Editors' ChoiceCancer Immunotherapy

Straight Shooters: Peptibodies Take Aim

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Science Translational Medicine  11 Jun 2014:
Vol. 6, Issue 240, pp. 240ec102
DOI: 10.1126/scitranslmed.3009590

As a first line of defense, the immune system naturally attacks cancer cells. Lucky for cancer, there are cells in the tumor microenvironment that suppress these immune responses, interfering with the activation and proliferation of T cells specific for cancer. Because these suppressor cells often share surface markers with harmless blood cells, it is difficult to remove them from the body—and restore the anticancer immune response—without causing adverse side effects.

In a recent paper, Qin et al. described a way to eliminate such negative regulatory cells by using peptides that do not harm other cell types. Their focus was the heterogeneous population of myeloid-derived suppressor cells (MDSCs) that accelerates tumor progression by inhibiting T cell activation and promoting angiogenesis and metastasis. The team applied a peptide phage library to mass-screen for candidate peptides that bound only to the surface of MDSCs. Two identified peptides were then fused to the Fc region of mouse antibodies to generate what the authors called “peptibodies.” Qin and colleagues discovered that these peptibodies depleted MDSCs in the blood, spleen, and tumors of mice more effectively than did conventional antibodies targeting the myeloid differentiation antigen Gr-1—and without harming other vital cells. The researchers treated mice with two types of thymus tumor. In both cancer models, mice injected with peptibodies every other day for 2 weeks had tumors that were about half the size of those treated with control antibodies.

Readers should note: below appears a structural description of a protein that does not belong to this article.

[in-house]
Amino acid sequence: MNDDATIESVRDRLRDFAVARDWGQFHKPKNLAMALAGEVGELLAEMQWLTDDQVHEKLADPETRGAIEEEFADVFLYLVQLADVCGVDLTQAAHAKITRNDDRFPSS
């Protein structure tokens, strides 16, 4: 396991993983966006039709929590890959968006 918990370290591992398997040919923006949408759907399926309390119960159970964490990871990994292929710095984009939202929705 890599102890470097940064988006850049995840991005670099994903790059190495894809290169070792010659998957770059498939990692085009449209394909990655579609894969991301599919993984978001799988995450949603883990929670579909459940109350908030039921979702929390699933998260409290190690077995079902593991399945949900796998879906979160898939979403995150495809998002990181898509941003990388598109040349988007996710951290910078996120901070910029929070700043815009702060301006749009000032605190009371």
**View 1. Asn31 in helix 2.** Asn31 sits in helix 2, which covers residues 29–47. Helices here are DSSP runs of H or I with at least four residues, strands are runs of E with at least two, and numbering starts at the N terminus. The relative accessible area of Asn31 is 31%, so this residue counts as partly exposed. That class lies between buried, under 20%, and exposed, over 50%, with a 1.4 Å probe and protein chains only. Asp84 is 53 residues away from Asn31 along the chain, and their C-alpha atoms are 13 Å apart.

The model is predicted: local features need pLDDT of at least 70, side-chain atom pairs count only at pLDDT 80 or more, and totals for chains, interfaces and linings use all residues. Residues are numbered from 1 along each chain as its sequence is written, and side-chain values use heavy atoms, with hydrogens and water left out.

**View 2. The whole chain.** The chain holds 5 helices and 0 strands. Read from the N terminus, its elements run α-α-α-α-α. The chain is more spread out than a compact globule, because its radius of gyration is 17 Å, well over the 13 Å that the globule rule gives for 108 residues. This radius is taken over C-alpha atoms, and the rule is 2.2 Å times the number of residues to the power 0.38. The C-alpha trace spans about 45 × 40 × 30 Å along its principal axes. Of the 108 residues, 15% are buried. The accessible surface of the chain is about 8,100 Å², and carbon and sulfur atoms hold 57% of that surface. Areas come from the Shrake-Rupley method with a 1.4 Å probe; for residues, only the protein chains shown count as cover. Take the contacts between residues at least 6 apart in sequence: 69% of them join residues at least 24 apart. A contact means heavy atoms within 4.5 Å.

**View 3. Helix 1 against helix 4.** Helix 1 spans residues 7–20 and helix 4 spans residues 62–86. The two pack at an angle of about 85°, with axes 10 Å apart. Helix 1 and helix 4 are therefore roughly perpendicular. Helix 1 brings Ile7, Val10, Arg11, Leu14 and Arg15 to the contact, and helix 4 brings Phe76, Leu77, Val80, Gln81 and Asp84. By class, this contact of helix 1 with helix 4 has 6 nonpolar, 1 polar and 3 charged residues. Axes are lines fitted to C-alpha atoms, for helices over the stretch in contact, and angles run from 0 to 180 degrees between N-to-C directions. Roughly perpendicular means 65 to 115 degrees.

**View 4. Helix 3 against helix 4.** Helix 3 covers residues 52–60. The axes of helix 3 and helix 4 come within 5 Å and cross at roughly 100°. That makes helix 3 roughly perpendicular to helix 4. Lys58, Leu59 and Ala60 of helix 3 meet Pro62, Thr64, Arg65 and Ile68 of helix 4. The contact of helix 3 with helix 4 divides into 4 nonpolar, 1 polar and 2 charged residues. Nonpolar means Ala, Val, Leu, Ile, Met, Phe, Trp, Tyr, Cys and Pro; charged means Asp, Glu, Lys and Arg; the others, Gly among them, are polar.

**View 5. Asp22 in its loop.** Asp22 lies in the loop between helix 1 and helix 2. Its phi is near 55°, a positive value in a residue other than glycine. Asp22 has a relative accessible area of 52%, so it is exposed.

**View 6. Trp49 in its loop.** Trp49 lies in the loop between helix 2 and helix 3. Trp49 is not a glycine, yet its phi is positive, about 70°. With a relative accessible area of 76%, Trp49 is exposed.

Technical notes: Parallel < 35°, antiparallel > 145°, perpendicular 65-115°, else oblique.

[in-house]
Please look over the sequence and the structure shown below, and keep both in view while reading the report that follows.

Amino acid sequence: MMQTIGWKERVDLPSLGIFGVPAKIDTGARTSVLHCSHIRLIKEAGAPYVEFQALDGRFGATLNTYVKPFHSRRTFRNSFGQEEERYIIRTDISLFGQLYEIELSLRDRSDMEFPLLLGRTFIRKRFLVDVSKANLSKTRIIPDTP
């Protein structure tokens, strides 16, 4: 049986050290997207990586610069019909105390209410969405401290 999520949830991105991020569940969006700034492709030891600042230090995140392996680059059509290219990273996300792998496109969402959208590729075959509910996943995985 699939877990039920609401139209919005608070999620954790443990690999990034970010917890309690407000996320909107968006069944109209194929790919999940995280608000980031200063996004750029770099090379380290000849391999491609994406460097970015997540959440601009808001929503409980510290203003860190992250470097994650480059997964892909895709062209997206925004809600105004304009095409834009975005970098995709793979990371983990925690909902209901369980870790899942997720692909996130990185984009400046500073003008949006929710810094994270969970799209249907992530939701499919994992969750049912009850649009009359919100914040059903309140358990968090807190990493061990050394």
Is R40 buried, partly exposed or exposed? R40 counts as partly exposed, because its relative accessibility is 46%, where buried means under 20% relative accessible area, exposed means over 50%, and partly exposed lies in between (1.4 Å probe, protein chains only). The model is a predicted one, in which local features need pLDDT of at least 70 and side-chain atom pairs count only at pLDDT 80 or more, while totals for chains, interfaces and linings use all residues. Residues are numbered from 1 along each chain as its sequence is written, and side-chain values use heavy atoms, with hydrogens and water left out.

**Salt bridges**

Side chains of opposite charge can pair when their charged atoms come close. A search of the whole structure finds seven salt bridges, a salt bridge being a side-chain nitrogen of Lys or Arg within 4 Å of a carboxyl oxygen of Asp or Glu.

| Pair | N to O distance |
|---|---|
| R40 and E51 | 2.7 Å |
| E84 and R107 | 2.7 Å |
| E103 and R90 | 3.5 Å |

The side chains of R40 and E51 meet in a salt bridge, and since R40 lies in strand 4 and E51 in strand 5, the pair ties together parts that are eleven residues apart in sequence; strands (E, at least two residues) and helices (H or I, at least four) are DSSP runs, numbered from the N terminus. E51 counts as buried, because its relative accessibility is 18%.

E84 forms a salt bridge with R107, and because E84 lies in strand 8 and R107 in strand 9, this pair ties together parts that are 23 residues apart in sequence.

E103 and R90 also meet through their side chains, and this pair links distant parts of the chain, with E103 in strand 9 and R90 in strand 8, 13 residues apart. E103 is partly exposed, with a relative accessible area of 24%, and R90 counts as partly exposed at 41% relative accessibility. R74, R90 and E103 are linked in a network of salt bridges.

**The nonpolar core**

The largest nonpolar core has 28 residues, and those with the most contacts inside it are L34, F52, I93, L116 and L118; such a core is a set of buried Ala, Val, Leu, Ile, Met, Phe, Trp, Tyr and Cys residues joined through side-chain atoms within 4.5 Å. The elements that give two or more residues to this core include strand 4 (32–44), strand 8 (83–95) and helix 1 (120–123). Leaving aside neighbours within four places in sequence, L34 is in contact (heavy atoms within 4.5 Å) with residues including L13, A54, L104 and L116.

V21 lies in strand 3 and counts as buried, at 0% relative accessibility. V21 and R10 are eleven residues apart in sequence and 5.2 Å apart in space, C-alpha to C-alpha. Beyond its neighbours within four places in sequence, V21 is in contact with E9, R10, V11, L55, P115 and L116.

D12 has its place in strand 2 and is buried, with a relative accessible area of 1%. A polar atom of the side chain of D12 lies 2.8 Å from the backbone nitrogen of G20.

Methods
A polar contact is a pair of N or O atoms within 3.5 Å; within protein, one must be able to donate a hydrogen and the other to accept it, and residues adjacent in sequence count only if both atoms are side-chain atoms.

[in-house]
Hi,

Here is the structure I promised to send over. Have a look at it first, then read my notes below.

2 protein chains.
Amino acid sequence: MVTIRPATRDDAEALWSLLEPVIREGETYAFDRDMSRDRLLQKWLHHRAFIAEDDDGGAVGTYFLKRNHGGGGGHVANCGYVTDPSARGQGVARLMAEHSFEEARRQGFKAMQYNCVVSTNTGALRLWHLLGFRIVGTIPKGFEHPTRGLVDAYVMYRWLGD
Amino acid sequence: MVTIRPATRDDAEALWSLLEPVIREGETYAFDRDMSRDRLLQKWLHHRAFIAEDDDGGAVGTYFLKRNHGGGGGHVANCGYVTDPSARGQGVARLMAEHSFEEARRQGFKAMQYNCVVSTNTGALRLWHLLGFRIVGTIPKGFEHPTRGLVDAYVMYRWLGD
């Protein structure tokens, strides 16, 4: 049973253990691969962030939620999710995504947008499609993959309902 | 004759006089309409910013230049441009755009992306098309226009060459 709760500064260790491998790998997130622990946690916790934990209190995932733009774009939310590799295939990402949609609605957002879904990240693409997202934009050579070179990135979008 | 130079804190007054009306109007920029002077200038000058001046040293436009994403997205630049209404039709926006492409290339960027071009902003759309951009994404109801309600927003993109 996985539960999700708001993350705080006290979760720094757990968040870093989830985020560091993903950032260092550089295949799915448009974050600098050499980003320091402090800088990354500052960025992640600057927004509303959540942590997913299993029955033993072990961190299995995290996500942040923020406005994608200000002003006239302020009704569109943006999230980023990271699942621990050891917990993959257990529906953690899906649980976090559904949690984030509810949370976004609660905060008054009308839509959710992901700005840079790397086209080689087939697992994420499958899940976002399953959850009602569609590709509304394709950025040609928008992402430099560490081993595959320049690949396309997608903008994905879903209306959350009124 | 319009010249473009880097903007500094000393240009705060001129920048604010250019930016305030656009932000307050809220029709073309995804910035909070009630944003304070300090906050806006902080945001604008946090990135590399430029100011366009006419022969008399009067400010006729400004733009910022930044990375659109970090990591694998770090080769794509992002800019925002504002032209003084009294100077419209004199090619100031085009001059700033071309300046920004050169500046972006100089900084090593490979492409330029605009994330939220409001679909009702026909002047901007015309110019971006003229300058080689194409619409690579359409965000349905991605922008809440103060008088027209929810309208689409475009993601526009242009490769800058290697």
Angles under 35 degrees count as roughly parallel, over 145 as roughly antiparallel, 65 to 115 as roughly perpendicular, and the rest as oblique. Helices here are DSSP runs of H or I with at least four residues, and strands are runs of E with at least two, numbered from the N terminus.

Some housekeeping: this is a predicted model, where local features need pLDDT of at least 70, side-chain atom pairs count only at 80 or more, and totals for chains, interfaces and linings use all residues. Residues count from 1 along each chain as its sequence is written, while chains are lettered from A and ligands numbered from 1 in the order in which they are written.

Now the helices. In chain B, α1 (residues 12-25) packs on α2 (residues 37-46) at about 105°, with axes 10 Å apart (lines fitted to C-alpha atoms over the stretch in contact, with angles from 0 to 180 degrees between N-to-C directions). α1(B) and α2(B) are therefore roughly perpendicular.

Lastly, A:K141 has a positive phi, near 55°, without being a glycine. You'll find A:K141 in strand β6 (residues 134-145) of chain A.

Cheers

At this point, it is unclear whether this technique can be extended to identify and incorporate similar ligands on human immune suppressor cells. But given the broad range of cell types that dampen immune responses in cancer, these findings could provide a conceptual framework for the design of an entire repertoire of new peptibody-based immunotherapy drugs. The full potential of these previously unknown anticancer agents may only be realized when they are combined with therapies that stimulate anticancer immunity, such as vaccines, T cell therapy, costimulatory antibodies, or anti-checkpoint blockade.

H. Qin et al., Generation of a new therapeutic peptide that depletes myeloid-derived suppressor cells in tumor-bearing mice. Nat. Med. 10.1038/nm.3560 (2014). [Abstract]

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